Pollution 'name and shame' tactic

Last updated 17:01 08/01/2014

Relevant offers


Japanese suicide pensioner blows himself up in park, injures three others North Korea's newest zoo attraction is a chimpanzee trained to smoke cigarettes Watch: Heroic police officers rescue students from blazing school bus in China Powerful earthquake in western Japan, no danger of tsunami Jakarta offers bounty to citizens who catch rats Indonesian president: 'Chemical castrations will help wipe out sex crimes' Exploding tyre destroys SUV Typhoon Haima: Super typhoon slams into northeastern Philippines BMW crashes into basketball practice Underwater drone to investigate sonar contacts in MH370 hunt

China has set new targets for its provinces to reduce air pollution by 5 to 25 per cent, state media said, underscoring the government's concern about a source of public anger.

China regularly issues directives to try to tackle air pollution in major cities, but these have had limited effect.

Former health minister Chen Zhu said air pollution in the country caused premature deaths of 350,000 to 500,000 people annually, state media reported on Tuesday. Chen wrote the article in a December issue of the Lancet medical journal.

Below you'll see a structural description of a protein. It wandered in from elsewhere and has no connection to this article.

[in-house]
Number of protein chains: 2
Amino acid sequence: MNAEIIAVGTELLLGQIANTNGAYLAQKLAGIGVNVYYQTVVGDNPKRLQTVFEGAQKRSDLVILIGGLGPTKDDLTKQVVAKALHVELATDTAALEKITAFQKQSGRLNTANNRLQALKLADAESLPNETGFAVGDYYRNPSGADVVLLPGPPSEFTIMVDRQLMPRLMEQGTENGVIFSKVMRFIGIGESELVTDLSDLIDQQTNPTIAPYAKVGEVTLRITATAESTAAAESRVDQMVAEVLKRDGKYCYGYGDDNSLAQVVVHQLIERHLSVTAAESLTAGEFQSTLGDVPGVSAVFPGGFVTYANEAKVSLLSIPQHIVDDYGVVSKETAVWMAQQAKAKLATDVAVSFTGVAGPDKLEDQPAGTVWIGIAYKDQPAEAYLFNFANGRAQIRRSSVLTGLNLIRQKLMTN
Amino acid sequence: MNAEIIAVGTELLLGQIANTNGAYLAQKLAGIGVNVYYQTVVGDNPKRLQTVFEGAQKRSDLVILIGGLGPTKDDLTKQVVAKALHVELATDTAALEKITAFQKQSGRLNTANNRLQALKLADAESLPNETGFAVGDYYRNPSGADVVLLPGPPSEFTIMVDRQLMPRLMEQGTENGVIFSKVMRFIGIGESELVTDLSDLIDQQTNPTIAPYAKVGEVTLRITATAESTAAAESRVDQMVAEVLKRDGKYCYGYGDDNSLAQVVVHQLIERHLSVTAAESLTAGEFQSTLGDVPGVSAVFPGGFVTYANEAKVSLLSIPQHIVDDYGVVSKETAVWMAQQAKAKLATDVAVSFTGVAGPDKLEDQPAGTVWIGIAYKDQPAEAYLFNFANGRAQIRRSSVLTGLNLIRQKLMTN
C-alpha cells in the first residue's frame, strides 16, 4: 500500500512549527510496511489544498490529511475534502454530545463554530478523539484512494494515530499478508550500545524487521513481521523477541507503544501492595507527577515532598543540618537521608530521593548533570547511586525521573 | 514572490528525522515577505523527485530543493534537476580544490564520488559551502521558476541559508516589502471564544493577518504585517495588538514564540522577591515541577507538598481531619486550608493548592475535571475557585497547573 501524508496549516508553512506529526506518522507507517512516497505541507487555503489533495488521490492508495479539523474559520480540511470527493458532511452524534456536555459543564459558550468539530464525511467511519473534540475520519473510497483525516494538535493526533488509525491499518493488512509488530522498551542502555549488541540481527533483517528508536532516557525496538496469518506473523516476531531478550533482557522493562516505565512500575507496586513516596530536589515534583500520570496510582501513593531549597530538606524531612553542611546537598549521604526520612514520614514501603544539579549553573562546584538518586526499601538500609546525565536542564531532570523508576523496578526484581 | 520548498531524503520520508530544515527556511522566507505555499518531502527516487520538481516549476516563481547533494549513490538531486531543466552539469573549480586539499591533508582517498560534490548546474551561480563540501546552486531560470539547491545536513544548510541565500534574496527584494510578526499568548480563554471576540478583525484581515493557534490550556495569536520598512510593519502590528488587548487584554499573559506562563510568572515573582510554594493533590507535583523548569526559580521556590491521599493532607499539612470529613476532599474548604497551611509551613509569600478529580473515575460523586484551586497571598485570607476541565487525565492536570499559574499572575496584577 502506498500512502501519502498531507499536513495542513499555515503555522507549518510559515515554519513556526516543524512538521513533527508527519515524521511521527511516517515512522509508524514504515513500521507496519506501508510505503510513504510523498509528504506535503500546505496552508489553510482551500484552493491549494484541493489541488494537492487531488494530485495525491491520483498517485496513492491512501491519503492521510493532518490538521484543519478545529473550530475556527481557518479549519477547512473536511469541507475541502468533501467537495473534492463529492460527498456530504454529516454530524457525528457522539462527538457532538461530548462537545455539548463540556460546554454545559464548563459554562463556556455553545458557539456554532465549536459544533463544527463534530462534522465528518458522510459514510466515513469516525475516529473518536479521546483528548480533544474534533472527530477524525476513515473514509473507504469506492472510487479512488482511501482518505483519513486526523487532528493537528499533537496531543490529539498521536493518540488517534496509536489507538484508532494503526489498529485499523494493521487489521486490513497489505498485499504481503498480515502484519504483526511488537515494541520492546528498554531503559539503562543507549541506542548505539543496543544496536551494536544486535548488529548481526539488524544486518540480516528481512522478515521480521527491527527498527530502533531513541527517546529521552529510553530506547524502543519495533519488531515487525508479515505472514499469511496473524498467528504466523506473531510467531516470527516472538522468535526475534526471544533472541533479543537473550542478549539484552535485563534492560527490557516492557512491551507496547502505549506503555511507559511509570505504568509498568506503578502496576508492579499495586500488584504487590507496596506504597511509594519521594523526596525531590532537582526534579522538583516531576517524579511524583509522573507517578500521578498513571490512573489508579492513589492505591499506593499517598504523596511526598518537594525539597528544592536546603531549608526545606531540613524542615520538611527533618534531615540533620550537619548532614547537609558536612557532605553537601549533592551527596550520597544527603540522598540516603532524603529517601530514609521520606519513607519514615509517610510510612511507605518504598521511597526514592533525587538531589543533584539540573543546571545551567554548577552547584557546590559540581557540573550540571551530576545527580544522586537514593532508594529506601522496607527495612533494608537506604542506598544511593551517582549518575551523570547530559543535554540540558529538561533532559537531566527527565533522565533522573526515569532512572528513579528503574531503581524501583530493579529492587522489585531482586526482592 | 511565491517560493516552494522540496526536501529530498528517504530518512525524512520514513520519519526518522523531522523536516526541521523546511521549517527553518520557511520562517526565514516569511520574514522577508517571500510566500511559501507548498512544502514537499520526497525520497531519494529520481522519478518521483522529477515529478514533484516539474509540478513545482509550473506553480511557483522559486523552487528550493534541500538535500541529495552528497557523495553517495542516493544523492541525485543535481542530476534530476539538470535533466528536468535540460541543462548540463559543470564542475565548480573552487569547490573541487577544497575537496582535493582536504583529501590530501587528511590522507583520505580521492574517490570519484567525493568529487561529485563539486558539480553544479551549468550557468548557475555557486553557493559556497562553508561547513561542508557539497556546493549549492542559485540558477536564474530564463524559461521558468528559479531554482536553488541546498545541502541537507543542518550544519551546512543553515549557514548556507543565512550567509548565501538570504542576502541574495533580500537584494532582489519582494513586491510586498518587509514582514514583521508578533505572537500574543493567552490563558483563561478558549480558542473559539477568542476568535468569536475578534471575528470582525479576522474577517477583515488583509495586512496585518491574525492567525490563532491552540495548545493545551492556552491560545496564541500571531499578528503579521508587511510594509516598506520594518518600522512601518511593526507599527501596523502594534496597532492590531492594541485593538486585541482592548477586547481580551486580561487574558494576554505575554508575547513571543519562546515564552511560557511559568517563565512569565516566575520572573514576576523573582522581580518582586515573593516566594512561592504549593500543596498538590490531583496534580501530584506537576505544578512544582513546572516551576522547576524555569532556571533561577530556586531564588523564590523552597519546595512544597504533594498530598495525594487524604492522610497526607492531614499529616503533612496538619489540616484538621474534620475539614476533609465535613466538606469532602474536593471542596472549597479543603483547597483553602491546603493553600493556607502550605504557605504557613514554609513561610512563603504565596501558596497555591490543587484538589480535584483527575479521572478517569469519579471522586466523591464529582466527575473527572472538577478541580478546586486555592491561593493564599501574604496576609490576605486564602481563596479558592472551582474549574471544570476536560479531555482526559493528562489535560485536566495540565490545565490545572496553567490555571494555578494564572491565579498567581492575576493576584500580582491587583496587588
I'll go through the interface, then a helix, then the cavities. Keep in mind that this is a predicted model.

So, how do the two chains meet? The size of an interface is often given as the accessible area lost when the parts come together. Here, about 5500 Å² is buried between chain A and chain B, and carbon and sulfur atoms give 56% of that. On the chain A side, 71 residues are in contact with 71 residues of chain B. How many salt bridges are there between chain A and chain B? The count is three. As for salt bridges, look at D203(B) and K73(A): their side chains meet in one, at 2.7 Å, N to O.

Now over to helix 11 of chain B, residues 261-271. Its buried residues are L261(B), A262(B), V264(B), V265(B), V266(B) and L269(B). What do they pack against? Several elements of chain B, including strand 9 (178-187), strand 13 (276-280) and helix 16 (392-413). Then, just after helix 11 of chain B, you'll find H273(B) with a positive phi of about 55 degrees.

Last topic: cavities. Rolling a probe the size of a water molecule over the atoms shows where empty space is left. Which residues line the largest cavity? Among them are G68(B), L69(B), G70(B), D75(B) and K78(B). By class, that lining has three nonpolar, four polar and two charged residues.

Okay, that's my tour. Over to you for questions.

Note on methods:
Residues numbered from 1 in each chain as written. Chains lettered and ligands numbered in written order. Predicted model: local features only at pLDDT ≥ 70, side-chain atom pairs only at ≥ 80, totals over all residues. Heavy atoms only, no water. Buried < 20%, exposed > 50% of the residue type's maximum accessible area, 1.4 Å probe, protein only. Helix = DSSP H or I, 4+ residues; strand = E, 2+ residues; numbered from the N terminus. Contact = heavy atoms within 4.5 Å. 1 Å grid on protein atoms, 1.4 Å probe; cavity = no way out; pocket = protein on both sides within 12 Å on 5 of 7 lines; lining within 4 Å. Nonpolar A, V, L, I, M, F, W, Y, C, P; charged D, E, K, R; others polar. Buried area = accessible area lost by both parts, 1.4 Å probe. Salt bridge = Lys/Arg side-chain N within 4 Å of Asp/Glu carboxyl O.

Air quality in large parts of northern and southern China  reached unhealthy levels on Tuesday.

Under the new regulations, Beijing, its neighbouring city of Tianjin and northern Hebei province will have to cut the amount of PM 2.5 particles, which are especially bad for health, by 25 per cent annually, state news agency Xinhua said, citing the ministry of environmental protection.

China's commercial capital, Shanghai, the eastern provinces of Jiangsu, Zhejiang, Shandong and northern Shanxi will have to impose cuts of 20 per cent.

Reductions of 15 per cent were set for Guangdong and Chongqing and 10 per cent for the Inner Mongolia Autonomous Region, Xinhua said.

The State Council, or cabinet, is mulling a system to evaluate each local government's progress and those who fail to reach goals will be ''named and shamed,'' said the China Daily newspaper.

Air quality in cities is of increasing concern to China's stability-obsessed leaders, anxious to douse potential unrest as a more affluent urban population turns against a growth-at-all-costs economic model that has poisoned much of the country's air, water and soil.

Authorities have invested in various projects to fight pollution and empowered courts to mete out the death penalty in serious cases.

But enforcement of rules has been patchy at the local level, where authorities often rely on taxes paid by polluting industries.

Ad Feedback

- Reuters

Special offers

Featured Promotions

Sponsored Content